Older students and law school

<p>I am close to 40 and thinking of returning to school. I have spent the last 10 or so years thinking I should have gone to law school, and I am tired of thinking it. That said, I have no clue how law schools and law students feel about older students.</p>

<p>Is pursuing this worth my time? Here are a few bits of info on me:</p>

<li>BA from state school w/ double major in Political Science and Communication -- GPA, 3.34 -- many extracurricular activites (student government, honoraries, etc.)</li>
<li>MA from state school (a different state) in Political Communication -- GPA, 3.83 -- decent amount of extracurricular activities</li>
<li>13 years working in public service -- primarily in state government but also for non-profits -- also serve as adjunct for 2 local universities -- a lot of community and volunteer work</li>
<li>LSAT of 159, taken 2 years ago (didn't study)</li>

<p>I can't get anyone to tell me if I should pursue this or let it drop. I have thought about taking the LSAT again but haven't decided.</p>

<p>Having lived life on a public employee's salary for some time, I am not wealthy. If I were to do this I would need financial assistance -- but, man, 40 seems pretty old to be racking up insane student loan debt. Do older students even get considered for scholarships and grants?</p>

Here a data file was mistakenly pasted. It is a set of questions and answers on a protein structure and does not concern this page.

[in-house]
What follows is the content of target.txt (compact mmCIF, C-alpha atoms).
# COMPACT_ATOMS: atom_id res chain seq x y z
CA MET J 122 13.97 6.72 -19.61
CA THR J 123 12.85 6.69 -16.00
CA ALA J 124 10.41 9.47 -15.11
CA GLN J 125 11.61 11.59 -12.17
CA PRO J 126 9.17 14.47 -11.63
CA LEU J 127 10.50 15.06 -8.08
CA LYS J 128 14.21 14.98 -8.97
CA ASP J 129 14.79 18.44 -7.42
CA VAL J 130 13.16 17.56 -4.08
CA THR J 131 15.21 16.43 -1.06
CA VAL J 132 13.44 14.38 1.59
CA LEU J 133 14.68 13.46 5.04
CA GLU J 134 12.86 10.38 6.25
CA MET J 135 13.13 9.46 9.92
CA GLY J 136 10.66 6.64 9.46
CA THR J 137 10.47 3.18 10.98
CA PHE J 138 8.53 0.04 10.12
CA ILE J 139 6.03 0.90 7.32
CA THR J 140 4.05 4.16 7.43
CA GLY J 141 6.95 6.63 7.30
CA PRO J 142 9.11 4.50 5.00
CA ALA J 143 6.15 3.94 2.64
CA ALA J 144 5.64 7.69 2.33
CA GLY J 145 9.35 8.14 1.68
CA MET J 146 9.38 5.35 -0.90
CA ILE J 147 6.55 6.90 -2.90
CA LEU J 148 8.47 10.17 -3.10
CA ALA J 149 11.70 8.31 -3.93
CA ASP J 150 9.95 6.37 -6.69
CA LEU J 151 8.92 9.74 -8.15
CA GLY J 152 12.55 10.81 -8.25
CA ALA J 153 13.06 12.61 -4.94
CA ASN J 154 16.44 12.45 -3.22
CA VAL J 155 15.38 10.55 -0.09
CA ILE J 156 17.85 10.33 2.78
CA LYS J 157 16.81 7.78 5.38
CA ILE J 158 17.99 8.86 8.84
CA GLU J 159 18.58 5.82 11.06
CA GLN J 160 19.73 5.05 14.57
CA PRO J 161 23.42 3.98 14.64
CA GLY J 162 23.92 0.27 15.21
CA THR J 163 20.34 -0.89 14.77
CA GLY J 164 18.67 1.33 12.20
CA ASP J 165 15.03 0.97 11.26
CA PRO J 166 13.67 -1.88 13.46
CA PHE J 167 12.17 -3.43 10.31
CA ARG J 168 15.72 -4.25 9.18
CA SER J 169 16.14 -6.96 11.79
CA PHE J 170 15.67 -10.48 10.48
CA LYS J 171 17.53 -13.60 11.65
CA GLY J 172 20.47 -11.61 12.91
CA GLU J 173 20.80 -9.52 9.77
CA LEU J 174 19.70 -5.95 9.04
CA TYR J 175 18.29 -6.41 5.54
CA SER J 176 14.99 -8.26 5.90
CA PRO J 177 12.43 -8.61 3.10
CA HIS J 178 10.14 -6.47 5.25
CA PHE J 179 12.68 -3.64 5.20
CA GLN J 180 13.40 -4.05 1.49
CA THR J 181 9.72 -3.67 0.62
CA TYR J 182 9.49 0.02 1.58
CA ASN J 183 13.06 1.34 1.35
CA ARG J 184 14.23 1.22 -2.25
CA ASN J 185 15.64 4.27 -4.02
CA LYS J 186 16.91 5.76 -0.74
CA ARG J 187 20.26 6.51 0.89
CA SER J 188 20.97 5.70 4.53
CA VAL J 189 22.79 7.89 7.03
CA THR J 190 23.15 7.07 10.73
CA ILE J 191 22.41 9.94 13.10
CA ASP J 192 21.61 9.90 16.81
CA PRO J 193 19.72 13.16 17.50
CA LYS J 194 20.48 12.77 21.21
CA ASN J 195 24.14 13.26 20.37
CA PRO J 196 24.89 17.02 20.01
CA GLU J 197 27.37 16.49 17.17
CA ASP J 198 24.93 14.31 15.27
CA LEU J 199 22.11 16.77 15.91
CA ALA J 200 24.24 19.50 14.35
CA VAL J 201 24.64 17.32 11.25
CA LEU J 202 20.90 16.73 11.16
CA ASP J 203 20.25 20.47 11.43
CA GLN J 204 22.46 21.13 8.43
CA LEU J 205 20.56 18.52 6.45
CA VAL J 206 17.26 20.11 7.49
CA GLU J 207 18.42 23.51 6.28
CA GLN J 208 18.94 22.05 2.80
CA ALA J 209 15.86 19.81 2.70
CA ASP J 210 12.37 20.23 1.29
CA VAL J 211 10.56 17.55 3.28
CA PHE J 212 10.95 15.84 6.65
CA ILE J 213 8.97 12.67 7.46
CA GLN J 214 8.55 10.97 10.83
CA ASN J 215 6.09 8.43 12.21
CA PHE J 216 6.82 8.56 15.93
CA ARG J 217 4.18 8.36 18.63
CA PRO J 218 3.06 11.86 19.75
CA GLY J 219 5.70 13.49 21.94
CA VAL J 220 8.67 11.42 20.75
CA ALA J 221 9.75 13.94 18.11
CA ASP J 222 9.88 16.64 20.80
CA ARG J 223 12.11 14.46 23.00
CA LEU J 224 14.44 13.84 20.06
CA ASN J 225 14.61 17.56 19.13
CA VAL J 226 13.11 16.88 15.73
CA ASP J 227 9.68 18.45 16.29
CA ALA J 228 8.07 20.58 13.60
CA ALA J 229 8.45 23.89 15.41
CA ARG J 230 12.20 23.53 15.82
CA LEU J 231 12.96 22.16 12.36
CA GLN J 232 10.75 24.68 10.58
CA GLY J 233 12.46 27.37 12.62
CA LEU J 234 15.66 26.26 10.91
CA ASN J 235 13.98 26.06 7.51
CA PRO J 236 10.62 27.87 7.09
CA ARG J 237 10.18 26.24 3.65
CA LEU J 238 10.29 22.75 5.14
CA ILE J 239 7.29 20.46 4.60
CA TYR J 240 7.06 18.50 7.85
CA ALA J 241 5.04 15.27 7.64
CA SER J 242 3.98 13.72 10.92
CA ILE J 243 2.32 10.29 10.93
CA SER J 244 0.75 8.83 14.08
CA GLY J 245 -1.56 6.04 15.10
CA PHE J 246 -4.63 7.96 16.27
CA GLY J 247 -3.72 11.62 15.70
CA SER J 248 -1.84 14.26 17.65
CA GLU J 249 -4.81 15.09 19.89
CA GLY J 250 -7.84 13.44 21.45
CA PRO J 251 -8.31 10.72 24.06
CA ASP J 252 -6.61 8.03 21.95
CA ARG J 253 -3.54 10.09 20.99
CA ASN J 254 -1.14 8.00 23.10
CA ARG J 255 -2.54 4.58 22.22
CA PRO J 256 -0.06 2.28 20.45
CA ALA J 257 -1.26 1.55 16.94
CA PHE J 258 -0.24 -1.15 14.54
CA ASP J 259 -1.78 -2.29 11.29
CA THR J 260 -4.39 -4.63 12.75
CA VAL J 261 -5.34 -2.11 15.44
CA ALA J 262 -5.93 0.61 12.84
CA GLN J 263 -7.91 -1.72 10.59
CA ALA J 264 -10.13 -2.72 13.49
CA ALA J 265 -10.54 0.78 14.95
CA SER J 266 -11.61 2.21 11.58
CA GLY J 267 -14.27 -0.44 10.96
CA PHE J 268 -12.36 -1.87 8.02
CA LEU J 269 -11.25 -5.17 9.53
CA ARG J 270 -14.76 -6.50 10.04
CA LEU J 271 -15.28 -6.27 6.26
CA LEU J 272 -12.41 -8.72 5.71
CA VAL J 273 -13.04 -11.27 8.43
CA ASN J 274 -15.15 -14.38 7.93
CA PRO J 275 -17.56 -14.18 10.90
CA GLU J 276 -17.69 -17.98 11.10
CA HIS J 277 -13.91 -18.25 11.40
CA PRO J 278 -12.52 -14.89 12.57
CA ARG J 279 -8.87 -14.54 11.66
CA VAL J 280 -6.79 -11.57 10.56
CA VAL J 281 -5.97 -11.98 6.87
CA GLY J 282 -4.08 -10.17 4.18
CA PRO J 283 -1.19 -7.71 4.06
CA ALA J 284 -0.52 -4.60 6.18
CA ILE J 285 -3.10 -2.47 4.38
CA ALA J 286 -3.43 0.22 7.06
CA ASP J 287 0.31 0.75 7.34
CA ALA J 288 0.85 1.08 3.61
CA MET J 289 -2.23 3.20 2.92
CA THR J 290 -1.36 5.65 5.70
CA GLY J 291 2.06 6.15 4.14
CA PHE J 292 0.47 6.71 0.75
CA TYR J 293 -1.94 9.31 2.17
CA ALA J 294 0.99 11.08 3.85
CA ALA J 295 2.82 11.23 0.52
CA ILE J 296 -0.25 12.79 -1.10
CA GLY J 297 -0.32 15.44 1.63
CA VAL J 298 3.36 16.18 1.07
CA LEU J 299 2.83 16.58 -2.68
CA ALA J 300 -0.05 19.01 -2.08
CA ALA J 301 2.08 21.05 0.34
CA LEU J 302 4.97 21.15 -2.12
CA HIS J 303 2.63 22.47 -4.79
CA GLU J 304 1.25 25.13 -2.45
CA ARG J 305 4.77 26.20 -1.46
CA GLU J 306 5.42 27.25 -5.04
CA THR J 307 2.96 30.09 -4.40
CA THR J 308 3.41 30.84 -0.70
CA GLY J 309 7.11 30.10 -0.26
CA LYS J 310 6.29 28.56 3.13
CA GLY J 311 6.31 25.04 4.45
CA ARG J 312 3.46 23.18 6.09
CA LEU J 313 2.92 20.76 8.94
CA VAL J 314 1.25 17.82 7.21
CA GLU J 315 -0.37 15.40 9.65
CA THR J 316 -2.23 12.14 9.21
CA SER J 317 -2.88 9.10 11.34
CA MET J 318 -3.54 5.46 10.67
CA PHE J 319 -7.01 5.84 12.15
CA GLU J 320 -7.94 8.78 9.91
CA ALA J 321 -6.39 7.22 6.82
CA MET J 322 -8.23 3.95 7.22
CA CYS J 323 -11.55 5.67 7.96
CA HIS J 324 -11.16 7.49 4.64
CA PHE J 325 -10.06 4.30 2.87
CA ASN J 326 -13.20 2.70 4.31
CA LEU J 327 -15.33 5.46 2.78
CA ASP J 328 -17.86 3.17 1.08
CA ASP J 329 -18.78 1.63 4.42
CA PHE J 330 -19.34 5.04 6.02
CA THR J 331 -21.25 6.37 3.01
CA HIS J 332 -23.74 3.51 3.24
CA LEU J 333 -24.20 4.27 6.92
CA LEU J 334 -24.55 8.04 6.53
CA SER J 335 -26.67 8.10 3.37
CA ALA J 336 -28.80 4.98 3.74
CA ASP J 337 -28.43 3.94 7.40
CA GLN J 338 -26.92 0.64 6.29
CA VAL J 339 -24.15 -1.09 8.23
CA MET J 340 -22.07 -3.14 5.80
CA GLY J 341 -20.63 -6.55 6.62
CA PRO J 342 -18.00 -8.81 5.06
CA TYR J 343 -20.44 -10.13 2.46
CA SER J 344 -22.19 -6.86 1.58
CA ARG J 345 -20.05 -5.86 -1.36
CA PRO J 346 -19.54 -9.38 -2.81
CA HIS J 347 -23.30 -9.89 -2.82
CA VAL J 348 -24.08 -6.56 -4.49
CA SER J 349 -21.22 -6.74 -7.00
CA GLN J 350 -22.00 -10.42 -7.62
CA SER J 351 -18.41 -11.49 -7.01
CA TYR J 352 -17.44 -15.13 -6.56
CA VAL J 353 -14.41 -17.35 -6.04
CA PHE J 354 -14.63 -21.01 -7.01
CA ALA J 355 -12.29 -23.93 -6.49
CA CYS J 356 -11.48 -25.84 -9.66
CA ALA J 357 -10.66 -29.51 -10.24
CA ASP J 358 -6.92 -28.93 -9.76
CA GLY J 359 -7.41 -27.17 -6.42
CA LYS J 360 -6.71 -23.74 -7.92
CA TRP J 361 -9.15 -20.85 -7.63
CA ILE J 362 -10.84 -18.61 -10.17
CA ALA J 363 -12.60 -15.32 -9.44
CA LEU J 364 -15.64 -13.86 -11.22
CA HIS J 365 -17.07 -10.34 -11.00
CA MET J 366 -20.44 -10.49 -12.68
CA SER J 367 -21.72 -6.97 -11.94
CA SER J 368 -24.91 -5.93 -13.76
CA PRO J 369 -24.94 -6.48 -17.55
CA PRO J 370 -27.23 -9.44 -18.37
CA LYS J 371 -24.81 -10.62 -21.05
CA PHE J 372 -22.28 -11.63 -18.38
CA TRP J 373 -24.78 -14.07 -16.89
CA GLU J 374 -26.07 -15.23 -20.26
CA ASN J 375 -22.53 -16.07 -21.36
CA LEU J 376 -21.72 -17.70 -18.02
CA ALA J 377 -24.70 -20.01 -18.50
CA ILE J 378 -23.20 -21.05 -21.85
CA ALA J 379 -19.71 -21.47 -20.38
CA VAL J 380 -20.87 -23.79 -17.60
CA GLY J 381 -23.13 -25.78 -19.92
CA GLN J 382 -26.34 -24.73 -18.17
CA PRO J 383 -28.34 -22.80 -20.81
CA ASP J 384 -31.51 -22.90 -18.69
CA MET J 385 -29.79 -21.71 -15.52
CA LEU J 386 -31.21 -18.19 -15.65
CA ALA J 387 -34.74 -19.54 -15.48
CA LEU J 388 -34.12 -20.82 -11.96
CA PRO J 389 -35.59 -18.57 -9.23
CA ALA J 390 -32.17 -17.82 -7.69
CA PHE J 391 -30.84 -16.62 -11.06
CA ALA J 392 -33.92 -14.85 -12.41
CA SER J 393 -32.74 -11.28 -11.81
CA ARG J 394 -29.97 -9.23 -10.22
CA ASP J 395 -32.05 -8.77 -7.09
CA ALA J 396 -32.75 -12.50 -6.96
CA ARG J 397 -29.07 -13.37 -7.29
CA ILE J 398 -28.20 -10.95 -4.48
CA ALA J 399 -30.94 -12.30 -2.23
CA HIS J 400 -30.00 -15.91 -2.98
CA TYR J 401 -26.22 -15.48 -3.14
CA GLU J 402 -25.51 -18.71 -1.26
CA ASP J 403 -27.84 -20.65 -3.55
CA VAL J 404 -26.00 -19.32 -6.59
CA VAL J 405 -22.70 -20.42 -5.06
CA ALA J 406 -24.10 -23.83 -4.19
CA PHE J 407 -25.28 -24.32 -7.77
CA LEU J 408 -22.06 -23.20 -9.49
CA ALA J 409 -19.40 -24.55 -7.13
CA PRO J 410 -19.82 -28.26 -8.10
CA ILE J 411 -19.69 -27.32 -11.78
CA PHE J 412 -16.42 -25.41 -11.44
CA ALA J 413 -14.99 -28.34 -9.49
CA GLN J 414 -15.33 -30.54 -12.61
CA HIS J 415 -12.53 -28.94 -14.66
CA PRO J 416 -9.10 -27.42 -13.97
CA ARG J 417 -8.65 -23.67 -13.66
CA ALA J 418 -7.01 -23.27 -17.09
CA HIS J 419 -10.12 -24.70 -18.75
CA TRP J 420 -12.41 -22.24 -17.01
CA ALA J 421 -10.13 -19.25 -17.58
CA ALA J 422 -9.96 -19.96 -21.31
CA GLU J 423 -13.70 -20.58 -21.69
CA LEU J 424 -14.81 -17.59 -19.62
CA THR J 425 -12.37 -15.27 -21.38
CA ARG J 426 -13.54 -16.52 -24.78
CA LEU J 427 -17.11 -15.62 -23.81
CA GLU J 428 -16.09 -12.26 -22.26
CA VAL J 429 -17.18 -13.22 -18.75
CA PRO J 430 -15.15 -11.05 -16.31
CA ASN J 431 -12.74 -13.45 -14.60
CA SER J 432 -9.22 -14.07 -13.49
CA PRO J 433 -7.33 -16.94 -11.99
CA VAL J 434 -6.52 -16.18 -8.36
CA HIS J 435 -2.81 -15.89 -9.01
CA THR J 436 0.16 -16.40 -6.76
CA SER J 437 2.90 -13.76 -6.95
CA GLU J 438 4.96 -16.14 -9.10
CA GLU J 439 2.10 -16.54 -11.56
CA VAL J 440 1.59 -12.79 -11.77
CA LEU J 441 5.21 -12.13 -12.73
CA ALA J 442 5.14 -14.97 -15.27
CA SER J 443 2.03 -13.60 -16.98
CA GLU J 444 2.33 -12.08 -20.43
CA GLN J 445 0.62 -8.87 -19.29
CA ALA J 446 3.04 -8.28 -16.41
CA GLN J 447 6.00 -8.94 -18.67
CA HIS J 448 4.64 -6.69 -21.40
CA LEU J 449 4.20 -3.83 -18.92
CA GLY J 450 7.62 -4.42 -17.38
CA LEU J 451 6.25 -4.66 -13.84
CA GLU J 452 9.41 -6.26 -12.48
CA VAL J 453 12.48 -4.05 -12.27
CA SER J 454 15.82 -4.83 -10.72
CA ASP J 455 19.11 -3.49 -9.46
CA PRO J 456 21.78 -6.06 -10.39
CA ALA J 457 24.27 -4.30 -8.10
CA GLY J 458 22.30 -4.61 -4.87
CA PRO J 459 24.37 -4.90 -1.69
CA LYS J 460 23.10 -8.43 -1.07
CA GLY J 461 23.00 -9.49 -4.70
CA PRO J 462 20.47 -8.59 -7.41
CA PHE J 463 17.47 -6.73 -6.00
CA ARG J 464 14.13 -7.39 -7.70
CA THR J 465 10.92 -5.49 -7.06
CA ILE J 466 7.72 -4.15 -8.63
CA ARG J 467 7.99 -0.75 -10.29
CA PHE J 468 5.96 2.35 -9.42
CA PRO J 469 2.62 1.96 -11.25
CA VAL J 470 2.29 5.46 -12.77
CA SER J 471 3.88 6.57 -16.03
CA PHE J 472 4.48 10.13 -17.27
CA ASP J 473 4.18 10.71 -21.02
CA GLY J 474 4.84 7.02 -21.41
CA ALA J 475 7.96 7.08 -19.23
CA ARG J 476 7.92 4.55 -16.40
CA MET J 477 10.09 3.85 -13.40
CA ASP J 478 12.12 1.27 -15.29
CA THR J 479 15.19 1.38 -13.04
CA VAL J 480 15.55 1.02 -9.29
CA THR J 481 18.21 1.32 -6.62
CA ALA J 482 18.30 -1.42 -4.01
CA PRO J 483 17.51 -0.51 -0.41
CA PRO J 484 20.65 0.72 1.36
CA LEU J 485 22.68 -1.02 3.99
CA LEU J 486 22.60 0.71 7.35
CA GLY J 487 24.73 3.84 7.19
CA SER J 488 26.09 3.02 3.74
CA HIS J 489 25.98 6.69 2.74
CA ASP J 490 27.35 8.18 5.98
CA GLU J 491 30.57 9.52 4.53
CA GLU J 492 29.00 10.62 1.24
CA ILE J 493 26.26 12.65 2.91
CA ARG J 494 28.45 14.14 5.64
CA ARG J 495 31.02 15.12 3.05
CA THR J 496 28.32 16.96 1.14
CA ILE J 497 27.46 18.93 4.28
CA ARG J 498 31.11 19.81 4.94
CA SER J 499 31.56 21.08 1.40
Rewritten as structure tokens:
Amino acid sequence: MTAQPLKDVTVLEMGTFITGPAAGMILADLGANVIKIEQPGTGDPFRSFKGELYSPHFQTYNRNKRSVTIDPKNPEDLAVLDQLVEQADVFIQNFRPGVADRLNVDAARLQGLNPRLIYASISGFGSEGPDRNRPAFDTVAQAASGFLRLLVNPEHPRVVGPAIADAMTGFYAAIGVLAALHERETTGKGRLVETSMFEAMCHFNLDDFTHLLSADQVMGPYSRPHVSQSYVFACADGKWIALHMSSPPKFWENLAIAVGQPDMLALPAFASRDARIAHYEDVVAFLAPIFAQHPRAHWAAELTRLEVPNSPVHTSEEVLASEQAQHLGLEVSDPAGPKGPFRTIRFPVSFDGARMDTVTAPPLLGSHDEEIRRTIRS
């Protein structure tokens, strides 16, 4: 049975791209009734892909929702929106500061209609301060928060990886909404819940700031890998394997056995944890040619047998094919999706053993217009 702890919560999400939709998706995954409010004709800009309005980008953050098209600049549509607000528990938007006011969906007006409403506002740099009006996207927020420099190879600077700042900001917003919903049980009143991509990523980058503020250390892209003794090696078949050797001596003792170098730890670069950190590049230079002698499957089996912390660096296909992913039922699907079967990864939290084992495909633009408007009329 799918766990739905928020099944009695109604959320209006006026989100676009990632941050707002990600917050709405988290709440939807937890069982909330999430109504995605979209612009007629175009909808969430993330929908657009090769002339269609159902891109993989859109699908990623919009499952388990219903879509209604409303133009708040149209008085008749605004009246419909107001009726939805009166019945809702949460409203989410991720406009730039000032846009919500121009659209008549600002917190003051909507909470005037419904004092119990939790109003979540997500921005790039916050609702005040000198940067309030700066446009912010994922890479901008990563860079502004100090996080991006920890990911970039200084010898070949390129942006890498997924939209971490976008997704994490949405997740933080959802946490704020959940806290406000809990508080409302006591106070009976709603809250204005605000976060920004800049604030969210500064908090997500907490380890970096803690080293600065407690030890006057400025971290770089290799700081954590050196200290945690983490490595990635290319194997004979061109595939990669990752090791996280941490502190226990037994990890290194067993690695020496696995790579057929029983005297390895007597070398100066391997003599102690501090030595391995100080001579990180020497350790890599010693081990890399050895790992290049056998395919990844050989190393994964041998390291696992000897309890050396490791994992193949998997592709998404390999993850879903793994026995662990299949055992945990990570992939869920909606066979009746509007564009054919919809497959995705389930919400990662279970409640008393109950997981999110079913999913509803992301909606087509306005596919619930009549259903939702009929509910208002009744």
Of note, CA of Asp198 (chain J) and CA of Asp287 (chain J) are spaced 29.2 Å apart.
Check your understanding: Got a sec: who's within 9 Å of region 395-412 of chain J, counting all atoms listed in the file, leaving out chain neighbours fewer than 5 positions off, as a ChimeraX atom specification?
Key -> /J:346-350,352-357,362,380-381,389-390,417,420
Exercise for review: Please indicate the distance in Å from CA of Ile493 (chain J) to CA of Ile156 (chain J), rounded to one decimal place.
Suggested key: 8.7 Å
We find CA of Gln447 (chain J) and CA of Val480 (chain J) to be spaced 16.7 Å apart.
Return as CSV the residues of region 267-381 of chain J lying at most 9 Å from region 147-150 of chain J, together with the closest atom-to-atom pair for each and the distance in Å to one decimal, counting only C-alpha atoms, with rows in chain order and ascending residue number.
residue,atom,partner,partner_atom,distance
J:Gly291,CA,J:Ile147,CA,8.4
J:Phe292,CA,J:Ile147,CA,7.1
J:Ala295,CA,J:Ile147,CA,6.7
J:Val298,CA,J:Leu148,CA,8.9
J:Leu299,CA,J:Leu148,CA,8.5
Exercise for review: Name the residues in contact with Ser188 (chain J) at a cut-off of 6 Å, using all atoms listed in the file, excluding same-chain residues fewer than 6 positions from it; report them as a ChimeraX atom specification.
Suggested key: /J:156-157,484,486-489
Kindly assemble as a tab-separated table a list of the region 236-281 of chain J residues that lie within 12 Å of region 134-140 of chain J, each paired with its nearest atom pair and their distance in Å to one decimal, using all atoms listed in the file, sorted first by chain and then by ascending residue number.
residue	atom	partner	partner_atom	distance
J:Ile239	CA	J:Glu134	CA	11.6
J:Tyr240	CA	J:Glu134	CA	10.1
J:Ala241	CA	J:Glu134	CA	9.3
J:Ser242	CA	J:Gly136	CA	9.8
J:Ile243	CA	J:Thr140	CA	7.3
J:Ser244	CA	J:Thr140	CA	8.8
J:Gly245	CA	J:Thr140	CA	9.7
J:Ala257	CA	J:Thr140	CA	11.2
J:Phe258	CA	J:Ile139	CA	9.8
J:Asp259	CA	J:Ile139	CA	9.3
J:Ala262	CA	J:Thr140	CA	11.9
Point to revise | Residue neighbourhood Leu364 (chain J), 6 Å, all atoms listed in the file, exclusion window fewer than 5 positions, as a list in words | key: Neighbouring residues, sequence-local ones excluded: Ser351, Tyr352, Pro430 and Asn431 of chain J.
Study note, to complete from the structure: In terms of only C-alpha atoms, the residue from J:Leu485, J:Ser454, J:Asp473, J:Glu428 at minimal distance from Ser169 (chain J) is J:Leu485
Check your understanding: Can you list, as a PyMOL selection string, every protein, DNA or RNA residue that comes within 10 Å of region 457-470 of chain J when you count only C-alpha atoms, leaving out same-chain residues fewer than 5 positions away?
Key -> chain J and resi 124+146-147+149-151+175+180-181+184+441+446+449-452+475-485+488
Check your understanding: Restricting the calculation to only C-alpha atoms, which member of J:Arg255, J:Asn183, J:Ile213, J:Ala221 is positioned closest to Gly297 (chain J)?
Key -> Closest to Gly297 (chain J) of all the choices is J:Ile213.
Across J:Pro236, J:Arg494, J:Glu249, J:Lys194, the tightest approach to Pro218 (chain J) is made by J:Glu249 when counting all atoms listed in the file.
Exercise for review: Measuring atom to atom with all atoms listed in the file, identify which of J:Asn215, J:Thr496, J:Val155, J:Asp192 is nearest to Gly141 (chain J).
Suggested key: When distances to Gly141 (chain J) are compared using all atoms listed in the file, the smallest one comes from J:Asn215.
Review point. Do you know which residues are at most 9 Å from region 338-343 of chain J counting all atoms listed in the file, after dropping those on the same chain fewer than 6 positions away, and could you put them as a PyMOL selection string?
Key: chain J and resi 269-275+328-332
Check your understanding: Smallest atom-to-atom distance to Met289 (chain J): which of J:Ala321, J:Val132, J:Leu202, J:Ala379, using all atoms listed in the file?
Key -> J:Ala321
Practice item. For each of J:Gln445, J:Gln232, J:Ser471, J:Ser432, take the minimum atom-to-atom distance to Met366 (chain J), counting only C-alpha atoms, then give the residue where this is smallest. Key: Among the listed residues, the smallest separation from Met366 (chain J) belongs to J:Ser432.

<p>I would appreciate any feedback, about older students in law school generally and about my case specifically.</p>


<p>The odds are good that after factoring in the cost of tuition, and the opportunity costs involved with giving up your current career to attend law school, your estate will be smaller when you are sixty-five years old if you to to law school than it will be it you don't.</p>

<p>That doesn't mean you shouldn't go to law school. Most of us have made some decisions along that way that involved sacrificing wealth for personal satisfaction. </p>

<p>But if you're thinking about law school with the hope that doing so will substantially increase your lifetime earning potential, that's probably not a very likely outcome.</p>

<p>Several of my classmates were in their late thirties when I attended law school, and one was closer to 50 when she started law school. She told me a couple of years after graduation that she was making about the same money that she would have been making had she remained a teacher. </p>

<p>I didn't ask her whether she regreted her decision to attend law school, but I had the sense that she did regret it. (Further background - tuition at my alma mater for three years of law school in those days was less than $3,500 for three years, and she had a scholarship.)</p>

<p>Definitely retake the LSAT and this time study and prepare well for it.</p>

<p>My two cents is you're going to be admitted to a T50 law school and have a starting salary of $80,000.</p>

<p>If I go back to school, it won't be to get rich. I am limited in what I can do in public service without a JD. I am not happy with where I am in my career and would hope that a JD would open doors.</p>

<p>According to this chart, salaries of $80,00 a year are exceedingly uncommon among recent law graduates: Empirical</a> Legal Studies: Distribution of 2006 Starting Salaries: Best Graphic Chart of the Year</p>

<p>I understand that it's illegal to discriminate against people based based on their age if they're older than 40. I'm also sure that I have experienced such discrimination myself. But it's difficult to prove that such discrimination has occurred.</p>